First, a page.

The Memory Project
Off the top of my head, natural (Johnny Ketchum)

The Biggest Loser
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You are about to read a boastful post. I want to state this up front for a couple of reasons. Some might think what follows is poor-poor-me stuff. Worse, others might think it's what Jenna on 30 Rock called "backdoor bragging." I loathe conceit masked as self-deprecation. I believe that when we are proud of things, we should say it straight up, no chaser. Sing out, Louise, as Mama Rose said.

So here goes: I am one of the losing-est people in the history of the Edgar Award. In fact, I have a hunch that I am THE losing-est woman in the history of the Edgar, but I'm not convinced my research on this is complete. I have definitely outpaced Margaret Millar and S.J. Rozan. Millar lost the Edgar twice in three nominations. (Besting her husband, Kenneth Millar, who wrote under the name Ross Macdonald and never won at all, if one doesn't count Grand Master status.) S.J. has been nominated five times and won twice, a remarkable feat.

But I've been nominated seven times across three categories, winning once. That's two losses in best paperback original, two losses in short story and two losses in best novel. I also could consider myself a contributor to two other Edgar-nominated books, The Line-Up (which won) and The Write: Truth Be Told (which did not). I had essays in both books.

It's hard to get nominated for an Edgar seven times in a career that has spanned fourteen years. Then again, here is a list of some people who have yet to be nominated for an Edgar: Sara Paretsky, this year’s Grand Master. Kate Atkinson. Dennis Lehane has been nominated for a short story, but not for a single novel. Sue Grafton, another grand master, has been nominated for a short story and an episode of television, but E isn't for Edgar in her oeuvre. Lee Child, a recent president of MWA, is another shut-out. Mary Higgins Clark, too.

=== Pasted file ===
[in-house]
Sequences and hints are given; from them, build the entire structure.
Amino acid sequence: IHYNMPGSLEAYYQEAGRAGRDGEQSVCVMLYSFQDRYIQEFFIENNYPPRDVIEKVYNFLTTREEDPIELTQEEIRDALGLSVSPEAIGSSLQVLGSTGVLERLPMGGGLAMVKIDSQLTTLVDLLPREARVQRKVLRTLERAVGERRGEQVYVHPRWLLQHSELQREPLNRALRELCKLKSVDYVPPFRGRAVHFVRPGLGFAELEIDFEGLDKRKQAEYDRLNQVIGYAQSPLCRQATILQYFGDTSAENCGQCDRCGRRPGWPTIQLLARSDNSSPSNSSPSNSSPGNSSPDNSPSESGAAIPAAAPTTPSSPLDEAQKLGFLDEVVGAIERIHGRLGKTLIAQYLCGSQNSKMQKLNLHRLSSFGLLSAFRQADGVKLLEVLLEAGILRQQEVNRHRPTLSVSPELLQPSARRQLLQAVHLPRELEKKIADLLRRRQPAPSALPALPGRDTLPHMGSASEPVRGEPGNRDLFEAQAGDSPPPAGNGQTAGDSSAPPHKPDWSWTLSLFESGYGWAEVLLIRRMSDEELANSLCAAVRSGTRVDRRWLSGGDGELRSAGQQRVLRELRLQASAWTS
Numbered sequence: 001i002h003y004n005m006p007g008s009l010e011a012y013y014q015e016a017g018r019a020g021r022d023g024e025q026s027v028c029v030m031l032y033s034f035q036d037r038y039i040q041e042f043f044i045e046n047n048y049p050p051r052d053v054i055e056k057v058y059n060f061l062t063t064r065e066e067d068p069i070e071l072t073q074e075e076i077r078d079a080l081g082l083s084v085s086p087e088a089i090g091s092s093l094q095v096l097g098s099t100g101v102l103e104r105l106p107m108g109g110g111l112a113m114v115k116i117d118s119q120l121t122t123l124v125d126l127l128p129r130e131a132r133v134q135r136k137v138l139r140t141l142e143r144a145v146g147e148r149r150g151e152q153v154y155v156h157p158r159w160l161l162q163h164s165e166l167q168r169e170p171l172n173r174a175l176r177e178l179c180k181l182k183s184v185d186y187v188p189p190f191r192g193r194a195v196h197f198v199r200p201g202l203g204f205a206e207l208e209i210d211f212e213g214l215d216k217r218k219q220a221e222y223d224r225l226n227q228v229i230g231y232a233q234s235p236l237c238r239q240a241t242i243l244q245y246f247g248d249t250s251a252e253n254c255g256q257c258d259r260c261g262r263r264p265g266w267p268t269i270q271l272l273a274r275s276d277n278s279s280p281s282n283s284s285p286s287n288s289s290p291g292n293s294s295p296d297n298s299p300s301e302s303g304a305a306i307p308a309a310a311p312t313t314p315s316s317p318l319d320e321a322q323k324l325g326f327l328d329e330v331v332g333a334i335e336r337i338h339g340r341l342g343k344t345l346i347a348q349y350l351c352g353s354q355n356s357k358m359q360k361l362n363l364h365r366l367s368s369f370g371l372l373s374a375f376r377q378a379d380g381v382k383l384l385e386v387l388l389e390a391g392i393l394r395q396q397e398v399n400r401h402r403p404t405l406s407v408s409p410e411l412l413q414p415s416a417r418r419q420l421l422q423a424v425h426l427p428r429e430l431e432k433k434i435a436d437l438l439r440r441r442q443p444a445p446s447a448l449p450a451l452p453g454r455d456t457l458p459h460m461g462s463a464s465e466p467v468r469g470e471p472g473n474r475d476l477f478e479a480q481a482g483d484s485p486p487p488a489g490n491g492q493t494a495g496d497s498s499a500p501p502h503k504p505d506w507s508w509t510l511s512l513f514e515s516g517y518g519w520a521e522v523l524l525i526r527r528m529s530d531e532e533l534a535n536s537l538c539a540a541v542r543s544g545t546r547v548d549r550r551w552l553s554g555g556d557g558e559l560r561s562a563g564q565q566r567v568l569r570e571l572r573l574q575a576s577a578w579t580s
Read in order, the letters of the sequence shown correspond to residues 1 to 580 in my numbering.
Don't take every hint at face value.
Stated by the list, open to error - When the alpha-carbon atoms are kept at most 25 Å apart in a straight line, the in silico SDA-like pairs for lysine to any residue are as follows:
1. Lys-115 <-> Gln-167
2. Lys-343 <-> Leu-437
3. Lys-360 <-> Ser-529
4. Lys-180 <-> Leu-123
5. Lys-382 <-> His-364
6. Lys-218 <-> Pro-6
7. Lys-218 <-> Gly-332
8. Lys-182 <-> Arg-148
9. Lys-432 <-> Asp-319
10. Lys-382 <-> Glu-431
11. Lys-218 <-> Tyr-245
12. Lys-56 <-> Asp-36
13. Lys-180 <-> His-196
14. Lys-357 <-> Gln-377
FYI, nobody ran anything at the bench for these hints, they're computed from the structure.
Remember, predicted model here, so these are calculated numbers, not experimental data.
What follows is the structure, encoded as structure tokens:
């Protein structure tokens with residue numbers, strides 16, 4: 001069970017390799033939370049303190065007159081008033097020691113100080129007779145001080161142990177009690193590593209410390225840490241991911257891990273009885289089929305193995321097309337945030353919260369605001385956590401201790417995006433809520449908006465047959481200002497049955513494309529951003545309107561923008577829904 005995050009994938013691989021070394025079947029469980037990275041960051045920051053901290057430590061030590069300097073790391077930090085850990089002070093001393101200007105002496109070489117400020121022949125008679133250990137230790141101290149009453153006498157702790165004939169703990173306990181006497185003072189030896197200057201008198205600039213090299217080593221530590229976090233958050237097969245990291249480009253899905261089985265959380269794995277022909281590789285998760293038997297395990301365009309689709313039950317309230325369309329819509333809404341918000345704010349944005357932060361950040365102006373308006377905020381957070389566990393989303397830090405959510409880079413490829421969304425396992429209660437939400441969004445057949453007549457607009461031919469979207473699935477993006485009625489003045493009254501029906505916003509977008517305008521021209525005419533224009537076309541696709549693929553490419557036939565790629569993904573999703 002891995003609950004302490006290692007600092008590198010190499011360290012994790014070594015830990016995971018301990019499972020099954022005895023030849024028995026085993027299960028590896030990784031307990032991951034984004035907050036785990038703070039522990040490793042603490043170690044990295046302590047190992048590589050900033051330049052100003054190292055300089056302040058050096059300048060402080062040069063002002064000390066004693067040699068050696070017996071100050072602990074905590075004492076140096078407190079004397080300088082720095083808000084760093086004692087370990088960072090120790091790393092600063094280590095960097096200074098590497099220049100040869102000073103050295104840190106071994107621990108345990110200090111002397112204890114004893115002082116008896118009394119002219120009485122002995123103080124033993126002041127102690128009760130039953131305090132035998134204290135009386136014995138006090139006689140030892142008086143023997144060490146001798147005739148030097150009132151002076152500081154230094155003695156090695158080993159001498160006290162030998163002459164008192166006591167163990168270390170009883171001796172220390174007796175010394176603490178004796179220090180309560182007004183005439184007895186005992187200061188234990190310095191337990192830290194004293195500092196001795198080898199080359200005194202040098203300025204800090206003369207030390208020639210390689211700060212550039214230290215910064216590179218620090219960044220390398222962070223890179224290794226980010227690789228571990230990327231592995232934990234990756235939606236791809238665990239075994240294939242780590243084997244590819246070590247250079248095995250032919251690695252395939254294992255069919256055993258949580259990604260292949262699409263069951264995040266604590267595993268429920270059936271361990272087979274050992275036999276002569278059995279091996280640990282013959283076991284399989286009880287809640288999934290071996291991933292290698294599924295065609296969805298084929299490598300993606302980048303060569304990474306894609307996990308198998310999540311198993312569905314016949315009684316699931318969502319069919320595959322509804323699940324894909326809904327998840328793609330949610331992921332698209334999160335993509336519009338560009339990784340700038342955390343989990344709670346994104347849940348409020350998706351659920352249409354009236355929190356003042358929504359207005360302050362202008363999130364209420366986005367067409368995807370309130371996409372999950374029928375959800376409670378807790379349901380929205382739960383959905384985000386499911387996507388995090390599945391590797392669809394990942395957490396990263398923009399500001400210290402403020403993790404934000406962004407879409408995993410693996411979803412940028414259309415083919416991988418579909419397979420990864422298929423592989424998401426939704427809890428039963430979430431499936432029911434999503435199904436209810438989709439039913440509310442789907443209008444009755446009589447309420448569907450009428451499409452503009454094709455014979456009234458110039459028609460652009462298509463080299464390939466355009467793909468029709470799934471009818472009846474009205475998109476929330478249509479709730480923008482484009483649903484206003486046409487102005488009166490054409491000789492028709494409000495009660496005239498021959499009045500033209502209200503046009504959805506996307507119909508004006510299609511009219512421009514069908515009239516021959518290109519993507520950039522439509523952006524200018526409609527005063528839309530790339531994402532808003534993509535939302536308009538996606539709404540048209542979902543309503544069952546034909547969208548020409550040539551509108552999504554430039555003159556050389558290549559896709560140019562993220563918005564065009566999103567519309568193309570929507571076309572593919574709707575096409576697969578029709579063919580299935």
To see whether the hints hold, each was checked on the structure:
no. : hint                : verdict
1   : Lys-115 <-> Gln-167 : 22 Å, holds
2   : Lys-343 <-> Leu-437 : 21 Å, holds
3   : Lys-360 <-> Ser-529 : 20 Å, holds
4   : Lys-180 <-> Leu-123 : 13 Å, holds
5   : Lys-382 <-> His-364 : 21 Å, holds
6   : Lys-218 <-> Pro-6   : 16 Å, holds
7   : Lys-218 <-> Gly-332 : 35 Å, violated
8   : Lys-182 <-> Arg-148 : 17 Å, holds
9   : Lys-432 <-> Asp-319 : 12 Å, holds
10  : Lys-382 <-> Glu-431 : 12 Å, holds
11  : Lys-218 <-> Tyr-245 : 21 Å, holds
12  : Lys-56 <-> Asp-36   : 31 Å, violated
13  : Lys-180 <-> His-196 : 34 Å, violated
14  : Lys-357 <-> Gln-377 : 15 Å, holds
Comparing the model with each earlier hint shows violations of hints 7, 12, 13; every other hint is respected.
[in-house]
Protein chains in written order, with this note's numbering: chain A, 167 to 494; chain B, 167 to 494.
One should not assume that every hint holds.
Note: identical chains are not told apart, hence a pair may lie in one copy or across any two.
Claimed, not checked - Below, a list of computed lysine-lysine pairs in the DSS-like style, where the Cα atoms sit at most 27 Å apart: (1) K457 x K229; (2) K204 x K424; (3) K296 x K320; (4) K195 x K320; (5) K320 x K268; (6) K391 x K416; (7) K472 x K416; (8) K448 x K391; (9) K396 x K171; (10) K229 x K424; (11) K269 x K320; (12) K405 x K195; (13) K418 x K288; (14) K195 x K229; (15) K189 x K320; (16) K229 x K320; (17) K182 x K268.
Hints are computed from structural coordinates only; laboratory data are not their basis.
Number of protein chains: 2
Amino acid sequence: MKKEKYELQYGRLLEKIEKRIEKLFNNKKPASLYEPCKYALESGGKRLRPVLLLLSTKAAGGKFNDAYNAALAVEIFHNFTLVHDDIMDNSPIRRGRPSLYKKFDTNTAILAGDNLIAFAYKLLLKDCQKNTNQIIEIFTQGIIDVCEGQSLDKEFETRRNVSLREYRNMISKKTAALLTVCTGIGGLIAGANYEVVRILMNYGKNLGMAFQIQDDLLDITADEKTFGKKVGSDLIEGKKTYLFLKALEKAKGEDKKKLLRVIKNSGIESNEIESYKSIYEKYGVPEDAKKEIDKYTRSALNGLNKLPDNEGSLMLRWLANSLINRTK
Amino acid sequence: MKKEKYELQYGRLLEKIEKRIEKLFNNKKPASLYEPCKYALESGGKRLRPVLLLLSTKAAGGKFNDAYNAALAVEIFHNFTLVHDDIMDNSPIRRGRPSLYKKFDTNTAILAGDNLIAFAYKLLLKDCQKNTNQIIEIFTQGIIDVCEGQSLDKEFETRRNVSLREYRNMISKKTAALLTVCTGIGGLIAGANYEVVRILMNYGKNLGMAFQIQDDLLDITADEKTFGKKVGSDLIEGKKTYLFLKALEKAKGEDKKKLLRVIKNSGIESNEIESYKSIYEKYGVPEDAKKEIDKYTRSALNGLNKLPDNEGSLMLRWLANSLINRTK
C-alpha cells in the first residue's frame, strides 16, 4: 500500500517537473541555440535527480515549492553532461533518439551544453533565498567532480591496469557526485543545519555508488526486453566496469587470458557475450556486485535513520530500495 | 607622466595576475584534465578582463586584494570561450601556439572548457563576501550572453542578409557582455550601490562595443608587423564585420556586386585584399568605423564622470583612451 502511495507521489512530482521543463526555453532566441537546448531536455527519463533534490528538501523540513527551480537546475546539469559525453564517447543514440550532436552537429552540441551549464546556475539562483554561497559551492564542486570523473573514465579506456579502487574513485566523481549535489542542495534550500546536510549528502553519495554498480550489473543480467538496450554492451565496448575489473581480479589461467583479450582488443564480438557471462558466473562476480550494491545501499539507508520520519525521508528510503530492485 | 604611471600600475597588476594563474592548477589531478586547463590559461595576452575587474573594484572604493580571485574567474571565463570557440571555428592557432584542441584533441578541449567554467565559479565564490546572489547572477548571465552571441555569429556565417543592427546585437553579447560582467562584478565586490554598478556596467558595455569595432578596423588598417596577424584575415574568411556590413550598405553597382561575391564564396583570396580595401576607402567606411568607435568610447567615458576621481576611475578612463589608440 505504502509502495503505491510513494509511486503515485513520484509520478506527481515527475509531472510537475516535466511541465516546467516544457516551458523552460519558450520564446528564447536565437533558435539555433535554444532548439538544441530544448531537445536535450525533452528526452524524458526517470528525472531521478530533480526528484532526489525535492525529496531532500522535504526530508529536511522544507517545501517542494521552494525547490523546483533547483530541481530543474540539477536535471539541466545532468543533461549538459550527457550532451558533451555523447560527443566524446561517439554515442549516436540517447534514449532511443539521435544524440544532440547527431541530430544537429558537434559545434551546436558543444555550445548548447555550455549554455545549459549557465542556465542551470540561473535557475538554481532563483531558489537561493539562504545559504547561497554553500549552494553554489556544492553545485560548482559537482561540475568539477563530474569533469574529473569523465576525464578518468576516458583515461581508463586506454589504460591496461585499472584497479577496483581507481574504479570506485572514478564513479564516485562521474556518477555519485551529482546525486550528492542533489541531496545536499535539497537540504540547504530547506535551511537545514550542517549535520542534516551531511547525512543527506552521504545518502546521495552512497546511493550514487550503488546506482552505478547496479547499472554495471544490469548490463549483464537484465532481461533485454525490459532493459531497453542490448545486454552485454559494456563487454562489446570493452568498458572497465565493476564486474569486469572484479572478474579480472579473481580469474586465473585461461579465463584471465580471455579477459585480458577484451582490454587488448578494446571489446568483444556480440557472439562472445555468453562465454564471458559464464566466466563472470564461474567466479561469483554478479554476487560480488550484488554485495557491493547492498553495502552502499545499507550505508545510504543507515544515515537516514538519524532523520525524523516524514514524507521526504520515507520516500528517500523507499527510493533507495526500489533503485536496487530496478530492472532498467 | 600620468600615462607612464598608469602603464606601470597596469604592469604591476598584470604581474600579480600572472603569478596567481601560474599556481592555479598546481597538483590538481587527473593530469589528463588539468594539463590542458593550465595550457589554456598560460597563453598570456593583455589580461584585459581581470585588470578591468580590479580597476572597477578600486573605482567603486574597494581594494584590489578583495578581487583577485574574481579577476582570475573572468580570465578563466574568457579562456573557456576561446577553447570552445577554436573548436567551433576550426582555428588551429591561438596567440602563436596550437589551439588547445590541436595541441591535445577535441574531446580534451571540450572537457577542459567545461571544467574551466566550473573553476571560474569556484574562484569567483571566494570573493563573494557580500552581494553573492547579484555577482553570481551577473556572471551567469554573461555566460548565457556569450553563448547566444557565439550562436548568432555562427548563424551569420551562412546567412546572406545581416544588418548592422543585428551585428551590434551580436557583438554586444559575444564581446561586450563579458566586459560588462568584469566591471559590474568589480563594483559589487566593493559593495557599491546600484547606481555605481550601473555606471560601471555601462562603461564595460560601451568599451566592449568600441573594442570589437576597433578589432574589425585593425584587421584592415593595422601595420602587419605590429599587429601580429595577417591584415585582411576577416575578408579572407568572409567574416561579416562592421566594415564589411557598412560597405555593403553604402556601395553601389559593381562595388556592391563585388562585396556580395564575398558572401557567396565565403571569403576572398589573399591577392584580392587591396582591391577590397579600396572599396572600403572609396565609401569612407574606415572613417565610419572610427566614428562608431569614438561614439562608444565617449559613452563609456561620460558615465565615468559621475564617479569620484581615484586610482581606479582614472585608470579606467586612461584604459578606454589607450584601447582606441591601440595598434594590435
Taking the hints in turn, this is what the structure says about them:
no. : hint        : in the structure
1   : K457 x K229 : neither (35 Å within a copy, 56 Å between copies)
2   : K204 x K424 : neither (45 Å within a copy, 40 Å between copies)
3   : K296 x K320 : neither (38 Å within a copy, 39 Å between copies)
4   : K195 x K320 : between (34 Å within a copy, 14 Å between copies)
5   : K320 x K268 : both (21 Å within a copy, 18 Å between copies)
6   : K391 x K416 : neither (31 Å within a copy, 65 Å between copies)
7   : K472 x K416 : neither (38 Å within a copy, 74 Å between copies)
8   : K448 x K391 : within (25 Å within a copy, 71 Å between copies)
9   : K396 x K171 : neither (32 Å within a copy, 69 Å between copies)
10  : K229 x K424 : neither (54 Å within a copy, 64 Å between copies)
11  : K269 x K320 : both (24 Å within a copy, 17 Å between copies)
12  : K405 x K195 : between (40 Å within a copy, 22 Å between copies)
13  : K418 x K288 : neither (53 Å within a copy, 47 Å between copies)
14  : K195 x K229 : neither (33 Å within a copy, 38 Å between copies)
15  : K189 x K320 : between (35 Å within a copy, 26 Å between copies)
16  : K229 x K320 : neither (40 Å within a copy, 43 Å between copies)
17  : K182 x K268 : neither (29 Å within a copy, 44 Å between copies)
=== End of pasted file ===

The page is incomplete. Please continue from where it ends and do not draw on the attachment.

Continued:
This isn't to denigrate the Edgar or question its value, quite the opposite. Steve Hamilton, who won for best novel this year, is one of a very few writers to win for best first and best novel. (Donald Westlake is another one.) That's a bigger achievement than being one of the losing-est Edgar nominees in history.

I'D KNOW YOU ANYWHERE, which managed to lose the Edgar and the L.A. Times Book Award in the same weekend (but snagged the Spinetingler Award -- in the living legend category, yet) goes on sale today in paperback. Give a loser a break and check it out. And in honor of today's post -- tell me something wonderful about yourself. Sing out, Louise.

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